Master Gardeners
Find New Plant Disease
in Their Backyard
ush, ripe tomatoes at the peak of their flavor have
always been a staple for Maricopa County master
gardeners Mary Ann and Khem Garewal.
“My first gardening experience was when my father
turned our backyard into a victory garden,” Mary Ann
Garewal says. Despite the fact that they were fairly new to
Arizona’s gardening challenges, when the husband-and-wife
gardening team began to notice leaves curling and yellowing
and a general decline in the plants, they knew something
wasn’t quite right. “At first I thought it was a chlorosis
problem,” she says. “My first tack was to add a little band
of calcium nitrate along the plants and work that in.” That
didn’t seem to help the problem.
The Garewals, who have team-gardened in diverse
climates across the nation, completed the 16-week master
gardener training in May, 2006. With their fresh skills at
sleuthing plant problems (one of the top skills master
gardeners learn through the course) they puzzled over
what could be ailing not only their tomato plants but other
plants nearby as well. Next they thought perhaps it was a
micro-nutrient deficiency, so after carefully reading the label
directions, they applied a micro-nutrient mix to the leaves,
followed by a soil drench. Still the plants didn’t improve.
The hope of a lush harvest was fading. Whatever the
culprit, the couple was concerned about it spreading to all 10
of the tomato plants they grew in their fall garden northwest
of Phoenix. After weeks of frustration trying to improve
the plants’ vigor, they considered pulling the plants out. By
November they decided to take plant samples to a monthly
diagnostic plant clinic hosted by master gardeners at a
Cooperative Extension branch office in Sun City West.
The symptoms were unlike anything the master gardeners
could identify. When stumped, university-trained volunteers
usually turn to specialists at the University of Arizona
in Tucson. Along with plant samples, the Garewals sent
samples of the amendments and fertilizers they had been
using to plant pathologist Mary Olsen.
After several days of examination, Olsen’s lab suspected
a plant virus and sent the plant materials on to whitefly
vector biologist Judith Brown’s laboratory to get a definitive
diagnosis. Within a couple of weeks Brown determined that
the problem was tomato yellow leaf curl virus (TYLCV),
which had never been observed in Arizona. It is spread from
plant to plant by whiteflies (see sidebar).
Because Brown was also interested in knowing the biotype
of the whitefly, the Garewals were asked to collect adult
whiteflies and nymphs.
“Collecting whiteflies is a very big challenge, as I
discovered,” Mary Ann Garewal laughs. But she was able to
catch one alive and send it to Brown in alcohol along with
several leaves from plants with different stages of nymphs on
the leaves. DNA analysis determined that they were dealing
with the B biotype of the whitefly Bemisia tabaci.
By Joanne Littlefield
Continued on page 12
College of Agriculture and Life Sciences
it was confirmed that they also had been
stunted by TYLCV.
After the virus was definitively
diagnosed and Brown had all the plant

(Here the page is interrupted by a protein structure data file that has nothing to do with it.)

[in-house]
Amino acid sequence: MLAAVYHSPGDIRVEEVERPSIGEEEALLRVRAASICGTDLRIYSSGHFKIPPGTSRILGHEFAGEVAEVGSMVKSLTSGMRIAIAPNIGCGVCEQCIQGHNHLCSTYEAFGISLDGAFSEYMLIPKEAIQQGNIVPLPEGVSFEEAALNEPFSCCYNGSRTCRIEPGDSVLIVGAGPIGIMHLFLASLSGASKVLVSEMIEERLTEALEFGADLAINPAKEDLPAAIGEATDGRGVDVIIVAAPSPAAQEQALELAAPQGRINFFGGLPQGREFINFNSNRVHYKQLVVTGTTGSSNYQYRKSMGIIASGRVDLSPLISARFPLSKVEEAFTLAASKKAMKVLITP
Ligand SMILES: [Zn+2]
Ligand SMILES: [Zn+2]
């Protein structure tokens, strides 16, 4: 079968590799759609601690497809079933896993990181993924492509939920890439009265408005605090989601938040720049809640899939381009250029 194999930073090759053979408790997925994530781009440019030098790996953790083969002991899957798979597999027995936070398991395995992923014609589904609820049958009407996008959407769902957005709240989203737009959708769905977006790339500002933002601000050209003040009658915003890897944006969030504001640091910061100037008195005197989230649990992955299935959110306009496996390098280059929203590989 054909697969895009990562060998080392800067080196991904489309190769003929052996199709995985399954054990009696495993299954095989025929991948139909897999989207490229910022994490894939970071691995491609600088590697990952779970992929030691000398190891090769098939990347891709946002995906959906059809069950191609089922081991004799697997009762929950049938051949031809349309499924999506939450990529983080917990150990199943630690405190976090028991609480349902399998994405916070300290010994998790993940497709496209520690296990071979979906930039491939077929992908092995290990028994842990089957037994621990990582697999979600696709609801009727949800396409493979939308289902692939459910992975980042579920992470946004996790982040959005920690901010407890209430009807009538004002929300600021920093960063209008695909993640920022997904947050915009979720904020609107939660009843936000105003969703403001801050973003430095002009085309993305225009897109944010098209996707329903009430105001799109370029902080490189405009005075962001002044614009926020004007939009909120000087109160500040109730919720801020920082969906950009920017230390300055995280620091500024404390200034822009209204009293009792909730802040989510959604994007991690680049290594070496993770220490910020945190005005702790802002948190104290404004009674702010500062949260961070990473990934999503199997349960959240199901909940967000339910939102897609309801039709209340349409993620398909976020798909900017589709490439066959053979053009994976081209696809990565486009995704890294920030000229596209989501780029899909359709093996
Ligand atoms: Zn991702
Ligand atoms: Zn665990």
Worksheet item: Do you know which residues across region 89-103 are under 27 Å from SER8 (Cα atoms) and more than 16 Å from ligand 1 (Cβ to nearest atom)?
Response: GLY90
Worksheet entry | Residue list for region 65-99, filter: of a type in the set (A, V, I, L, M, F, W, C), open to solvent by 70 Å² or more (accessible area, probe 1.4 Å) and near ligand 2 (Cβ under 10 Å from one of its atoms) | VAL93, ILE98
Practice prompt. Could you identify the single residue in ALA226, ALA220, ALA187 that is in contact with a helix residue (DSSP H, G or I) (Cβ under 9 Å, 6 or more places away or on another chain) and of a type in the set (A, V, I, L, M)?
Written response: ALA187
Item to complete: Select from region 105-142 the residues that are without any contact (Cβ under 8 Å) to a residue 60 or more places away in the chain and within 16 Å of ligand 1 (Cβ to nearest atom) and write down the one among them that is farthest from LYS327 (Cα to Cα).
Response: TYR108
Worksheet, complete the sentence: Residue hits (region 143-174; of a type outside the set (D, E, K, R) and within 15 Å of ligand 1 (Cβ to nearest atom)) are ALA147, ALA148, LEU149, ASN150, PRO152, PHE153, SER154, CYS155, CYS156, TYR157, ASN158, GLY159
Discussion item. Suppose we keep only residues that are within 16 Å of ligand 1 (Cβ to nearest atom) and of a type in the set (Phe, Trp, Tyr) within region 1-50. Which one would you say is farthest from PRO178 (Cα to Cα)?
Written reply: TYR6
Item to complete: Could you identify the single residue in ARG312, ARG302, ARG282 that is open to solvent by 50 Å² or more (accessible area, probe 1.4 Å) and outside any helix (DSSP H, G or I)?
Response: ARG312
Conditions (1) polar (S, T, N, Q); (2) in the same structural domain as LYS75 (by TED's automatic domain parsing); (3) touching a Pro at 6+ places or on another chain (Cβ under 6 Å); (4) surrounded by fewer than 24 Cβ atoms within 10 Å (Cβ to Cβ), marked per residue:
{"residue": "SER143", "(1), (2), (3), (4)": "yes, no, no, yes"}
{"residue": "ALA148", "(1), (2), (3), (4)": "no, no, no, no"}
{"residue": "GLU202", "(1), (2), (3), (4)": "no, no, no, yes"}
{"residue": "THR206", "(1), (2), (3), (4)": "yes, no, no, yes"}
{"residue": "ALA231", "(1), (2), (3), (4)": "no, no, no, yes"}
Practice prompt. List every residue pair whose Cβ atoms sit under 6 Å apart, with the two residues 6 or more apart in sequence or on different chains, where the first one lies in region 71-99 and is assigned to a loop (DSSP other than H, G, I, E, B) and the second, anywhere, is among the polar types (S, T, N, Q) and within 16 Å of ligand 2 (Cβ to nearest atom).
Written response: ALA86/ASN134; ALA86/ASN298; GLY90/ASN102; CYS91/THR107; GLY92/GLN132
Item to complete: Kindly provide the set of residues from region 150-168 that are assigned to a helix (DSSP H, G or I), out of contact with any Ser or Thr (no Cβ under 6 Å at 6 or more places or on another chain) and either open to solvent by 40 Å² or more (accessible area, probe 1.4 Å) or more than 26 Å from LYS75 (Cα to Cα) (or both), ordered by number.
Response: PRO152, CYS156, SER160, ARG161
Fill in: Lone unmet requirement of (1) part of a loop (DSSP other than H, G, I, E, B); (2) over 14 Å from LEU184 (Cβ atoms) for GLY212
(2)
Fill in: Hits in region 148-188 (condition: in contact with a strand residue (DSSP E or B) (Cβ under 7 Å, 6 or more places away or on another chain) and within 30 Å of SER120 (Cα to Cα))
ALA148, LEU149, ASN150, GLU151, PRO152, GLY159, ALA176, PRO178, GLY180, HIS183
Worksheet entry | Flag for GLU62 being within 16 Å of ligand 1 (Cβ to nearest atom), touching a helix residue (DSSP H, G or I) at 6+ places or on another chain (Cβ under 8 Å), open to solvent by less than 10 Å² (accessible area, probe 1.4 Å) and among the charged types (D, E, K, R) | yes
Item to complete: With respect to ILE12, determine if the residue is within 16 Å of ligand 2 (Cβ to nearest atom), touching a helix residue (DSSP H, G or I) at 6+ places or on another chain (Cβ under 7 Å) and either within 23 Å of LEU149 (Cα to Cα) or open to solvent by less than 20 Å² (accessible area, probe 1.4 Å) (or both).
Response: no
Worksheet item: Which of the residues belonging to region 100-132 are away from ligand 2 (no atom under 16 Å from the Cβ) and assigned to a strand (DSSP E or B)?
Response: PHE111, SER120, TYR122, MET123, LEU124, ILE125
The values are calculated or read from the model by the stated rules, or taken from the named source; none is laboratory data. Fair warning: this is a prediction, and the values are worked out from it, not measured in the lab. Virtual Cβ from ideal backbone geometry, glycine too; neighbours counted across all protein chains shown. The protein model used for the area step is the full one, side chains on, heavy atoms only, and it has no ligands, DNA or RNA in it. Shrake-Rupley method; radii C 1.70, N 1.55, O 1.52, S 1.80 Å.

material and whiteflies she needed, the
Garewals were instructed to destroy
their plants by uprooting them, bagging
them up in black plastic and disposing
of them.
“We were not advised to do anything
with the soil, because the virus is not
soil-borne,” says Mary Ann Garewal.
She and her husband continue to grow
vegetables and herbs in those planting
beds, with no ill effects.
The Garewals and fellow master
gardeners got a valuable front-line
experience in what it takes to be a
plant detective. “We learned to pursue
anything that’s unusual, to really
pursue it,” Mary Ann Garewal says.
They also learned how pervasive a
plant disease can be, especially when
compounded with the spread by tiny
elusive insects. ❖
“When we bought the plants from
the nursery they showed no sign of
whiteflies, no whitefly damage and no
whitefly eggs, which of course are very
hard to see and would be easy to miss
on plants,” Mary Ann Garewal notes.
Once the plant disease was identified
the Garewals began to worry about
the disease spreading and just how
widespread the problem could become.
Mary Ann Garewal began to ask garden
centers and fellow gardeners about the
“I talked to everyone I knew who
grew tomato plants and didn’t come
up with anybody until one day I was
talking to an acquaintance, and I said,
‘how is your garden growing?’ The
woman, who lived 14 miles away,
commented, ‘I have this funny problem
with the leaves curling and yellowing.’”
“When I asked her that question I
didn’t even know if she grew tomatoes,”
Mary Ann Garewal says. When plant
samples were analyzed in Brown’s lab,
Maricopa County master gardeners
host a free monthly plant diagnostic
clinic at the Property Owners and
Resident Association (PORA) office in
Sun City West. Open to the public, the
clinic is held the first Thursday of the
month from 10:00 a.m. until noon.
In addition to the clinic, trained
master gardeners also answer walk-in
and telephone plant-related queries at
the office five days a week from 9:00
a.m. until 1:00 p.m.
Northwest Valley Master Gardeners
13815 Camino del Sol
Sun City West, AZ 85375
(623) 546-1672
Mary Ann (left) and Khem (right) Garewal continue to grow tomatoes, herbs and other vegetables in northwest
Maricopa County.
College of Agriculture and Life Sciences